Welcome to the Golden Triangle Restoration Service Resource Centre packed with company news, important articles, tips and helpful links.

Prevention Tips – Fall




Downspouts should be disconnected from drainpipes and extensions that draw water away from the foundation so they won’t freeze and back up. Don’t forget to reconnect them in the spring!


Prevent ice dams from forming at the edge of the roof.

Heat escaping from inside the building melts snow on the roof. The water then runs to the edge of the roof, where it freezes. When ice builds up, it prevents water from draining off the roof. Then, through capillary action, the water is drawn up under the shingles, causing major damage. Here is how to prevent this:

  • Install a leaf guard/ice guard to prevent debris from blocking the gutters and downspouts. Gutters must be clear so the water can flow freely.
  • Check the insulation in the space under the roof and add more in places where there isn’t enough or where it is too compressed.
  • Check the air circulation in the space under the roof. The air intakes in the soffits have to be clear for the roof ventilators to draw air through the soffits. A well-ventilated roof will prevent snow from melting.


Check the shingles regularly and replace them as soon as they show signs of wear (raised or tattered corners) or if there are poorly drained areas on a flat roof.


Plant trees a minimum of five meters from the house.

Trees planted too close to a house can damage the foundation and block French drains.


Clear dead leaves and other debris from gutters at least once a year.


Check your foundation for cracks and fissures. Patch any fissures in the foundation walls or brick facing.


If your outdoor faucet is not frost-free (4-season), you have to shut the water off from inside and drain the outdoor faucet to get all the water out.

The water in the part of the faucet extending outside the house can freeze and cause the pipes to burst.

Do your water pipes pass through your cellar, crawl space, or an exterior wall? If the water in a pipe freezes, it could create enough pressure to burst.

Place an insulating sheath over any water pipes that are exposed to cold.


Check and clear the drain in the basement entrance.

A blocked or poorly cleared drain can increase the risk of water seeping in through the edges of the basement entry door.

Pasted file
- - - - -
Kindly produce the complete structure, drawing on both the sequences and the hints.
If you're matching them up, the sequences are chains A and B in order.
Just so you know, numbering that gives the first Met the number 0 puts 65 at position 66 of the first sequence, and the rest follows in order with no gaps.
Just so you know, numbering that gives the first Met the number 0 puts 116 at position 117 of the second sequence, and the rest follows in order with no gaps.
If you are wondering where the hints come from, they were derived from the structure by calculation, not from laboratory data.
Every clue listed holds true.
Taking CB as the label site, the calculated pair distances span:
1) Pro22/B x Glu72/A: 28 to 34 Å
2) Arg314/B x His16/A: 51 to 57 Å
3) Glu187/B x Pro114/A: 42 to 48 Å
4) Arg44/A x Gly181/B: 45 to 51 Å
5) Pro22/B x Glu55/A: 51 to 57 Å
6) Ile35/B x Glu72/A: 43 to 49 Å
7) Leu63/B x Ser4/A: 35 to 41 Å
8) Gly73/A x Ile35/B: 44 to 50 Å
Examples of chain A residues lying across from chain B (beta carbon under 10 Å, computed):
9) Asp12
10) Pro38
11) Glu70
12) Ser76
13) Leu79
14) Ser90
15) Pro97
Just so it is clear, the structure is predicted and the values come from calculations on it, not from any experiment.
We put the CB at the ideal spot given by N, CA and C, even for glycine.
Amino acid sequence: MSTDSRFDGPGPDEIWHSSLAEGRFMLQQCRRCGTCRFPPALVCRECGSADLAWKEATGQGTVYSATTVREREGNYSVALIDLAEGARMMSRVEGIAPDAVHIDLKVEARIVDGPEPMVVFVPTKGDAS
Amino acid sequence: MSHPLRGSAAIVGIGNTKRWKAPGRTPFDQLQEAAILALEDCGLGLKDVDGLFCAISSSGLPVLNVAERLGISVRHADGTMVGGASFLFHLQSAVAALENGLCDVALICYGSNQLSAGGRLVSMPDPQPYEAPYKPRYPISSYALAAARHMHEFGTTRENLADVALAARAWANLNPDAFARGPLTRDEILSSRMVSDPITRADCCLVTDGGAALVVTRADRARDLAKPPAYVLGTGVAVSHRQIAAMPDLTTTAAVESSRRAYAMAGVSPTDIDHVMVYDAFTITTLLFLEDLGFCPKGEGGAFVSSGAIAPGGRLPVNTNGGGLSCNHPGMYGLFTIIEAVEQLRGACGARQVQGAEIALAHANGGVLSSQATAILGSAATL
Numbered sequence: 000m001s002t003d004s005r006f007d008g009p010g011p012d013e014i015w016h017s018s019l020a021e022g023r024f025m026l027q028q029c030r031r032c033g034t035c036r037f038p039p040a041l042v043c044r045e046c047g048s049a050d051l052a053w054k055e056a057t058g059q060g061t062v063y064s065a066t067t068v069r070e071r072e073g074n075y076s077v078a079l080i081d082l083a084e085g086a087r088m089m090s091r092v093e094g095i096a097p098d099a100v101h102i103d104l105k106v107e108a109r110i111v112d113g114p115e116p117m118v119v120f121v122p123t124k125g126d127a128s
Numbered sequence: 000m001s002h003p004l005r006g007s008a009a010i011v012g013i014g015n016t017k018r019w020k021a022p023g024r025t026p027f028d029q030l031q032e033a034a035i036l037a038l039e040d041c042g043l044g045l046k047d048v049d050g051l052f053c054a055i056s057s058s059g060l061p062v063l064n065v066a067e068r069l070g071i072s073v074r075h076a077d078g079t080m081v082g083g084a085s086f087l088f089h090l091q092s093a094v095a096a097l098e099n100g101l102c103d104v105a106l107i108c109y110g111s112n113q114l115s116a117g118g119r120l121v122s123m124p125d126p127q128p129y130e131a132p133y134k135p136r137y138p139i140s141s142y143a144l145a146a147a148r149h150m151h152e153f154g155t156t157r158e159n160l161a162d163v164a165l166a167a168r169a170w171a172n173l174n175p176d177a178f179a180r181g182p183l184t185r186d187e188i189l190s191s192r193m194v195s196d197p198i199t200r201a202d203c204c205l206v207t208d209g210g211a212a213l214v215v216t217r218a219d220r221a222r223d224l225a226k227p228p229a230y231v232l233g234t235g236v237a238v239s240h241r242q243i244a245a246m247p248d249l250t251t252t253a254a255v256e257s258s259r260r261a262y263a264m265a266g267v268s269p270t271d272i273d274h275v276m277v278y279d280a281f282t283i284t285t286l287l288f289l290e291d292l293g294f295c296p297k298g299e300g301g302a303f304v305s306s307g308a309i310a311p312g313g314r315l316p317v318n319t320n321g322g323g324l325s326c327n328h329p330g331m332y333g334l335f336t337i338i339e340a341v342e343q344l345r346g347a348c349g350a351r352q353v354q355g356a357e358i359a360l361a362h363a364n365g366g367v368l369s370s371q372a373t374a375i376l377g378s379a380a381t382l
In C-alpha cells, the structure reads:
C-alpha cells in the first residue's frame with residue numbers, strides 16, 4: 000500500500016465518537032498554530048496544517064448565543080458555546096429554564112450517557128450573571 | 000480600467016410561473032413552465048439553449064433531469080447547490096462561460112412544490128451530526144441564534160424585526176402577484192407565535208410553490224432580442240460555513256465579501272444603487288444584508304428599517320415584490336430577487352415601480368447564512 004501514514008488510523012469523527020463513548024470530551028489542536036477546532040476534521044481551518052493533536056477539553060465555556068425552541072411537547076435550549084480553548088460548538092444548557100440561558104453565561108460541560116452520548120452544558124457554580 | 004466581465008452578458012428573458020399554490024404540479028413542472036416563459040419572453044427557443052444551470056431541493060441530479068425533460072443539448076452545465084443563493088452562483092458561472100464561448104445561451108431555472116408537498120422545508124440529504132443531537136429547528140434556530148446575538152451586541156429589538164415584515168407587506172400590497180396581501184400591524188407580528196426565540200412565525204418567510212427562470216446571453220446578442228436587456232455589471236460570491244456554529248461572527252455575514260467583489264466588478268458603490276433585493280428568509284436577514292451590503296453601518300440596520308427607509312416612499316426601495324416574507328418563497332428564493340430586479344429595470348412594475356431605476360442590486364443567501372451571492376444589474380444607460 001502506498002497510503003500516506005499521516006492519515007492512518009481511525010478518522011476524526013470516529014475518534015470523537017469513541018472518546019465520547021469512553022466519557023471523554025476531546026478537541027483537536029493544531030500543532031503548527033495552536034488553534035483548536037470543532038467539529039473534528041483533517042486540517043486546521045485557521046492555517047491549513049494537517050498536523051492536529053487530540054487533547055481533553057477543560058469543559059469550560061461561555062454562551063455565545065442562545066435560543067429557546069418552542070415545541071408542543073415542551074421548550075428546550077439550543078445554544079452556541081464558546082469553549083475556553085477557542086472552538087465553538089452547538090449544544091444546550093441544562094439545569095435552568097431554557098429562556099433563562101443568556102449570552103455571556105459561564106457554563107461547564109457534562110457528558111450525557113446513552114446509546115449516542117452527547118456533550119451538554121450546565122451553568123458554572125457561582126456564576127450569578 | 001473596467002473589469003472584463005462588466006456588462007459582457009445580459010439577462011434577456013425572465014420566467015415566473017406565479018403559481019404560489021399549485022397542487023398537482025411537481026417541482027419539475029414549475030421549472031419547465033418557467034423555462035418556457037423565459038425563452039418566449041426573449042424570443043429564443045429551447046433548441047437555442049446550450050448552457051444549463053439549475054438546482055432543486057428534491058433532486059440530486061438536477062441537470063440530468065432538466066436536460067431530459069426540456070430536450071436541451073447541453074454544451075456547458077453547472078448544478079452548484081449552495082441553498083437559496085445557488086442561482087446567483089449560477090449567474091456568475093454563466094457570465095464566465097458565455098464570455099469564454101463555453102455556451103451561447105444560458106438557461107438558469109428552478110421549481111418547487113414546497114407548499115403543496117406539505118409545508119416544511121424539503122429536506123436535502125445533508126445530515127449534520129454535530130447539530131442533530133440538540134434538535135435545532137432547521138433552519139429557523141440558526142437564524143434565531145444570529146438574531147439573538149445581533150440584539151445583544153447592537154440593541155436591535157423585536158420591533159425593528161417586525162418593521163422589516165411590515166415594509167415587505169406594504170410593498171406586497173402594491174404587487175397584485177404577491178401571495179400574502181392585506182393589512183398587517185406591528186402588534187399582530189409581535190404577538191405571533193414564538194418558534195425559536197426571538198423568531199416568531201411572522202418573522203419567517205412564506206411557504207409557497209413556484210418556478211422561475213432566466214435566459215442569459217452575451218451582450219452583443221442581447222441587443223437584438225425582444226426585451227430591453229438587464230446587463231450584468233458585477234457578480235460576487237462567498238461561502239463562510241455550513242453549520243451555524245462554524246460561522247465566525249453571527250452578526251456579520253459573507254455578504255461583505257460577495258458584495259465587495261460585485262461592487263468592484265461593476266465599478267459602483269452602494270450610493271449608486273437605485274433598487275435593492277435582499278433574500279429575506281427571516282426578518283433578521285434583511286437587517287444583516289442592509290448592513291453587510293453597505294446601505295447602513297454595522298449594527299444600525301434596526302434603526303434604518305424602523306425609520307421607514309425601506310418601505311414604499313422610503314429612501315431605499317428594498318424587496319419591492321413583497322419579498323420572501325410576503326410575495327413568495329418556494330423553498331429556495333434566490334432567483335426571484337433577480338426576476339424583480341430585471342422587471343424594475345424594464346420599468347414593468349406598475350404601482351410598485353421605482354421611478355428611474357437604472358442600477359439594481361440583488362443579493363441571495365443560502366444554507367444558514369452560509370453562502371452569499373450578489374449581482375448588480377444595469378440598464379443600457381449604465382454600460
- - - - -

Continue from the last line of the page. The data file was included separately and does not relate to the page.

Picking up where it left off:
Clean your air exchanger filters.

Air exchangers mainly operate in winter, and it is very important to clean the filters every two or three months. The heat or energy recovery core made of polypropylene (plastic) or aluminium should be cleaned once a year, preferably in the fall, before the heating season.


It is better to remove screens during the winter and store them in a dry, temperature-controlled environment.

A screen in front of a window will block heat, resulting in condensation and mold.

Replace any damaged caulking along the edges of basement doors and windows

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Fireline Contents Restoration

Fireline Contents Restoration

Our recently acquired Fireline System has enabled us to provide a higher level of contents restoration service. The cleaning results we have experienced have been exceptional. These before and after pictures demonstrate a fraction of our contents restoration capabilities.Lock - FirelineTool Box - Firelinelocks

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Affected by Flood?  Here’s what to know.

Affected by Flood? Here’s what to know.


Here’s what you can do to stay safe during a flood:

  • If flooding occurs, go to higher ground and avoid areas subject to flooding.
  • Do not attempt to walk across flowing streams or drive through flooded roadways.
  • If water rises in your home before you evacuate, go to the top floor, attic, or roof.
  • Listen to a battery-operated radio for the latest storm information.
  • Turn off all utilities at the main power switch and close the main gas valve if advised to do so.
  • If you’ve come in contact with floodwaters, wash your hands with soap and disinfected water.


As soon as floodwater levels have dropped, it’s time to start the recovery process. Here’s what you can do to begin restoring your home.

  • If your home has suffered damage, call your insurance agent to file a claim.
  • Check for structural damage before re-entering your home to avoid being trapped in a building collapse.
  • Take photos of any floodwater in your home and save any damaged personal property.
  • Make a list of damaged or lost items and include their purchase date and value with receipts, and place with the inventory you took prior to the flood. Some damaged items may require disposal, so keep photographs of these items.
  • Keep power off until an electrician has inspected your system for safety.
  • Boil water for drinking and food preparation until authorities tell you that your water supply is safe.
  • Prevent mold by removing wet contents immediately.
  • Wear gloves and boots to clean and disinfect. Wet items should be cleaned with a pine-oil cleanser and bleach, completely dried, and monitored for several days for any fungal growth and odors.

For more information, contact us today!

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